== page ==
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How Nonprofits Can Keep Their Data Secure While Staying Under Budget Featured

How Nonprofits Can Keep Their Data Secure While Staying Under Budget John Salvino

With the COVID-19 pandemic sweeping the nation, nonprofits and enterprises alike should look to ensure that their data privacy processes are up to date now more than ever. According to a recentsurvey conducted byFormAssembly, 78 percent of those in the nonprofit sector felt it was very or extremely necessary to ensure consumer data privacy for their organization. 

While nonprofits understand the importance of data privacy, they don’t necessarily have access to the same resources that enterprises and for-profit businesses do. Most people in the nonprofit field must wear multiple hats as opposed to having just one person dedicated to a data security role, and nonprofit budgets are often limited. So, how can nonprofit organizations keep their data secure? They must become educated about regulations and resources, and they must also take advantage of cybersecurity resources that provide guidance and best practices.

Stay Educated on Regulations and Resources

Though they may have limited resources and staff, it is still important for nonprofit organizations to stay educated on new and existing privacy laws and regulations, while making sure they are still under budget and in line with long-term strategies. Modernizing cybersecurity processes is one way to do this, as it is more efficient and cost-effective in the long run.

With the CCPA and other new regulations, more and more donors and consumers are becoming aware of what their rights are and taking advantage of this. This is especially true during COVID-19, as cybercriminals are becoming more active, resulting in the need for stricter data security overall. However, the survey previously mentioned showed that 57 percent of nonprofits do not have a documented process in place for allowing customers to access, delete, or rectify their information, and 53 percent have had requests in the last year by customers to do so. Therefore, it’s becoming more crucial for nonprofits to ensure they are prepared for these kinds of requests, as consumers are starting to take a more active role with their data.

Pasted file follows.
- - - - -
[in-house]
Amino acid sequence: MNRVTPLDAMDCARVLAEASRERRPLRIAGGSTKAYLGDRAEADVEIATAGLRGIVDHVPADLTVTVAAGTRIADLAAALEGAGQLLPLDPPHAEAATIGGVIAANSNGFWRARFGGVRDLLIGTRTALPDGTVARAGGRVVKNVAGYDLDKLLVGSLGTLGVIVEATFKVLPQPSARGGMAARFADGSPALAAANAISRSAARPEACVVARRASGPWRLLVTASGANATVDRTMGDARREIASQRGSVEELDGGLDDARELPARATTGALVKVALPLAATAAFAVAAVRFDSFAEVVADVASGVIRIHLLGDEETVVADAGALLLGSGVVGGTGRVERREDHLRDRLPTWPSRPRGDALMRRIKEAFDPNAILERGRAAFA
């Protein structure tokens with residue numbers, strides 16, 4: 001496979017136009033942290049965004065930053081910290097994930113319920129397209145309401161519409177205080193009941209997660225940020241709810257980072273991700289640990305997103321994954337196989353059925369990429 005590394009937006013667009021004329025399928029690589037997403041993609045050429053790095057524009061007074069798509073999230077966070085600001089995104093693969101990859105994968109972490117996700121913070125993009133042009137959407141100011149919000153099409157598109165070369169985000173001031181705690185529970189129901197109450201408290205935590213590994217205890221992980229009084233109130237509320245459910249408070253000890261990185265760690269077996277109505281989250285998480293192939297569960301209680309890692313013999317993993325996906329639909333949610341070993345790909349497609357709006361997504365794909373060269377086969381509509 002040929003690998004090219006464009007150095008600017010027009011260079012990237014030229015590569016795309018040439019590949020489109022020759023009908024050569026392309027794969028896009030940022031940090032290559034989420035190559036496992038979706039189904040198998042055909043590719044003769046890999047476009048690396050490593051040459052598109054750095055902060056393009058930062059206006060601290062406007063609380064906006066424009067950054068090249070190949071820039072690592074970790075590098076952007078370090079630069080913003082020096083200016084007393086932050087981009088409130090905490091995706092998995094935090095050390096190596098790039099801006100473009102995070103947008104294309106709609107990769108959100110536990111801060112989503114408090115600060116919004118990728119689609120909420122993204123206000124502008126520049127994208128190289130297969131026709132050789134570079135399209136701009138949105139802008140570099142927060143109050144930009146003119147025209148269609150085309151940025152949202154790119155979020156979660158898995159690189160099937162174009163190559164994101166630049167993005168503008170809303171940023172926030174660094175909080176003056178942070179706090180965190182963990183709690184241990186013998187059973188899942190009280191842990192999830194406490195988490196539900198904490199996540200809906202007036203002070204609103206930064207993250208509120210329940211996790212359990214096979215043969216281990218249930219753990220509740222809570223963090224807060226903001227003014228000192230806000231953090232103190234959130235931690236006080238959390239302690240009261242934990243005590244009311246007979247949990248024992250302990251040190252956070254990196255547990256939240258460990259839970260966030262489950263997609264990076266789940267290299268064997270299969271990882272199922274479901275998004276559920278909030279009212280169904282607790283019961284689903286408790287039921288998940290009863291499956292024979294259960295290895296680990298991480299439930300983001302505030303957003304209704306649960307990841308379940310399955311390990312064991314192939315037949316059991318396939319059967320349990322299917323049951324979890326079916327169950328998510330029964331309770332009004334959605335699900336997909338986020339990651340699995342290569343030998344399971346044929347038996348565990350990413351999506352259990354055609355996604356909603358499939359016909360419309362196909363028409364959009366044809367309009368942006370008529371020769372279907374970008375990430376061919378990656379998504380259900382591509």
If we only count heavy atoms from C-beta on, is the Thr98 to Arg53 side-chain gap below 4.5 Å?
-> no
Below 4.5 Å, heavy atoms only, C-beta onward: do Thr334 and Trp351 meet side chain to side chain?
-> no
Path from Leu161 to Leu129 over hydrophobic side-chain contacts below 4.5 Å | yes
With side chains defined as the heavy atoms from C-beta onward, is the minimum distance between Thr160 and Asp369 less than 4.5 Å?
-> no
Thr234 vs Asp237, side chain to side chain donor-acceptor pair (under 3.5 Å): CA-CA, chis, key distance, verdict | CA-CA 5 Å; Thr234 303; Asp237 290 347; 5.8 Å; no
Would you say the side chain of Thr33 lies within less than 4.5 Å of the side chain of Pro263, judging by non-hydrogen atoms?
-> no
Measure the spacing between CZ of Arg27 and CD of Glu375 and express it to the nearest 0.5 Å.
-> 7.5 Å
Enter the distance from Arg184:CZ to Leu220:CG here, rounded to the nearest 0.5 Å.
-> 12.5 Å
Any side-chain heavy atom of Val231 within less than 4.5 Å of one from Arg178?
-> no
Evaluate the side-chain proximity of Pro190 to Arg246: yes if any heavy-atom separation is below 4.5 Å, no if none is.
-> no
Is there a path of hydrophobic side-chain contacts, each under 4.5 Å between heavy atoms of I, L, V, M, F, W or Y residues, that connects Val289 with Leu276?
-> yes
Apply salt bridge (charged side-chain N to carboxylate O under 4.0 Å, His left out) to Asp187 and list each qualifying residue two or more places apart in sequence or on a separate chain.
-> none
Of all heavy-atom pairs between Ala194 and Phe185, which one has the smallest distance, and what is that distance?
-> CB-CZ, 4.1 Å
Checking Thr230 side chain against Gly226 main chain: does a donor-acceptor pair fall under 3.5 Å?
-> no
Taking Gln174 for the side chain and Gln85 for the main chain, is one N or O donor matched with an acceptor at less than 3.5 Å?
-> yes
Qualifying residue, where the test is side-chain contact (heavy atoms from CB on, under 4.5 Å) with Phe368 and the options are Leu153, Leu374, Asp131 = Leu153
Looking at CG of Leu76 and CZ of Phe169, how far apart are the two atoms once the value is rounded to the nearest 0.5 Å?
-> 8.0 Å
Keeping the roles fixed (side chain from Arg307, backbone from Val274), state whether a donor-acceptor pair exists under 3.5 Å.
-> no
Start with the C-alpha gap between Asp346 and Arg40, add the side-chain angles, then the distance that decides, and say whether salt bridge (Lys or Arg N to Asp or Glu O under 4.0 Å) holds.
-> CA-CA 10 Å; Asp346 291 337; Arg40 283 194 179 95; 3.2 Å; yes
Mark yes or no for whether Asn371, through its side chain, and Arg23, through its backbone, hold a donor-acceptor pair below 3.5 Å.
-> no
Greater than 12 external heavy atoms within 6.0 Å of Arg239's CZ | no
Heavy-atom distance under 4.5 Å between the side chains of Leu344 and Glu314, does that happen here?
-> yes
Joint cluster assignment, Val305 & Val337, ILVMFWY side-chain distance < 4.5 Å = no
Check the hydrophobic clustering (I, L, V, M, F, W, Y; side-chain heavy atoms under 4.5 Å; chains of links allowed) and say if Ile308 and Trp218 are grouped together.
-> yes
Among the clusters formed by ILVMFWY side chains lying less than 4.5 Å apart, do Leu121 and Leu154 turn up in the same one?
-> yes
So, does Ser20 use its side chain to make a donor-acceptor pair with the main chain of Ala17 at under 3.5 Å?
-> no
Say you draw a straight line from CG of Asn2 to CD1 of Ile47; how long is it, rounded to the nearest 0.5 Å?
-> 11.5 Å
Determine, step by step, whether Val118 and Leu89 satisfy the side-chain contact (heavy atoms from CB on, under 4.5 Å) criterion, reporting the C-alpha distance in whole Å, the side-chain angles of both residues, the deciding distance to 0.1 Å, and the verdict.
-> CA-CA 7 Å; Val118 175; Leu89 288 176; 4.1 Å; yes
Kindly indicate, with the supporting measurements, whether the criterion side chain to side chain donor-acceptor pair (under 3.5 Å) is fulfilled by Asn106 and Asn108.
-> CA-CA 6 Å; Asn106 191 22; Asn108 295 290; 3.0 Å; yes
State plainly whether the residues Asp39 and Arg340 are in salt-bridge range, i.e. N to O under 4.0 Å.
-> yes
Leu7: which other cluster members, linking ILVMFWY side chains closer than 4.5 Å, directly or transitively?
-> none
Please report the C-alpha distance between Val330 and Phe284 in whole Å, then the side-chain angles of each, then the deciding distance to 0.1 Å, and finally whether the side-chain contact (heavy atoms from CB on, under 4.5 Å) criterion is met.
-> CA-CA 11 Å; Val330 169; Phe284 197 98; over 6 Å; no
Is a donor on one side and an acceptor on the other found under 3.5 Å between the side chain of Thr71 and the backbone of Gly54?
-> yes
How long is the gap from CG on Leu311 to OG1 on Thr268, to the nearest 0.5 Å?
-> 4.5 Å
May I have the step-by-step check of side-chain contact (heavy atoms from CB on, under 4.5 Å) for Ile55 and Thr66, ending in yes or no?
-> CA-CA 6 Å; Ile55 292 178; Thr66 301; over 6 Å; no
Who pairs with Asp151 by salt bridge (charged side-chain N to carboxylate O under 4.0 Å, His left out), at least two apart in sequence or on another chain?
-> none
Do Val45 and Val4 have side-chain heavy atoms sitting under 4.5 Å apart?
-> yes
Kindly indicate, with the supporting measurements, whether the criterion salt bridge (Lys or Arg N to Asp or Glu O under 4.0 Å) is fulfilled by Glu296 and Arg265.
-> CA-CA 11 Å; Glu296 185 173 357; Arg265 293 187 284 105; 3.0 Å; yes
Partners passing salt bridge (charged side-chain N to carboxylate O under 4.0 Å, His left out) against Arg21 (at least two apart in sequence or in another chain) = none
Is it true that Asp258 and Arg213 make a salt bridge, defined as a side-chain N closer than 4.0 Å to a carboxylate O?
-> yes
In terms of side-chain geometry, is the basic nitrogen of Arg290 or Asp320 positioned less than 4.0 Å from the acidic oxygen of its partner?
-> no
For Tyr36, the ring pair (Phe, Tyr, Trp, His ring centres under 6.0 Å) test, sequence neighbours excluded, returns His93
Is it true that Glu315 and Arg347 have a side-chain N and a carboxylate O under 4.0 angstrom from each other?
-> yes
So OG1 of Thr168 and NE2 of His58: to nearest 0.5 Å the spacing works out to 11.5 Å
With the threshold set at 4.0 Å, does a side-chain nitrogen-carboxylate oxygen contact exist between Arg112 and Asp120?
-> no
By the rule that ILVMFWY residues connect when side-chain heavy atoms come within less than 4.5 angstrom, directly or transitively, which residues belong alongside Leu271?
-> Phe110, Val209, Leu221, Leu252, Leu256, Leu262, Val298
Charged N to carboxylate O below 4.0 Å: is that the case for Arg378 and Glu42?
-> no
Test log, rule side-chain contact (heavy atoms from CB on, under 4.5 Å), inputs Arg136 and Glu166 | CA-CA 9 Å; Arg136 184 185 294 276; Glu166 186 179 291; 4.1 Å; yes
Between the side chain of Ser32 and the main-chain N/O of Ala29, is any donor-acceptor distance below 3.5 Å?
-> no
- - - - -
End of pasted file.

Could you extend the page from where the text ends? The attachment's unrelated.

Take Advantage of Cybersecurity Resources

If nonprofit organizations feel overwhelmed by regulations, there are plenty of resources to guide them. For example, my company, FormAssembly, follows the National Institute of Standards and Technology (NIST) cybersecurity framework. Nonprofits should take advantage of resources like this, and they should also talk with data partners or legal counsel to make sure they are taking the necessary steps to protect their data.

Because of these new regulations, nonprofit organizations must also understand that donors’ expectations will change as well. This is where transparency comes into play. As regulations are allowing customers to have more access to how their data is being used, nonprofits must be transparent with their donors and have clear disclosures and open conversations around data privacy. Being transparent not only leads to increased accountability, but it also helps ease donors' minds on how their data is being handled and makes them feel more comfortable throughout the donation process. Transparency also keeps donors up to date on the organization's level of security. Each organization should be prepared to answer requests for greater access, control, and insight into how their data is being collected and used.

As nonprofit organizations take more steps toward improved data security during the COVID-19 crisis and beyond, they are protecting themselves and their donors against costly data breach risks. By becoming more aware of what regulations they must follow and what resources they have at their disposal, nonprofit organizations are less likely to become exposed to enforcement risk for breaking data protection laws. Ultimately, by following these regulations and utilizing various resources, nonprofits will save themselves time and money, while also maintaining the organization’s reputation and trust with donors, staff and volunteers.


Samantha Mestwarp, Account Executive, FormAssembly

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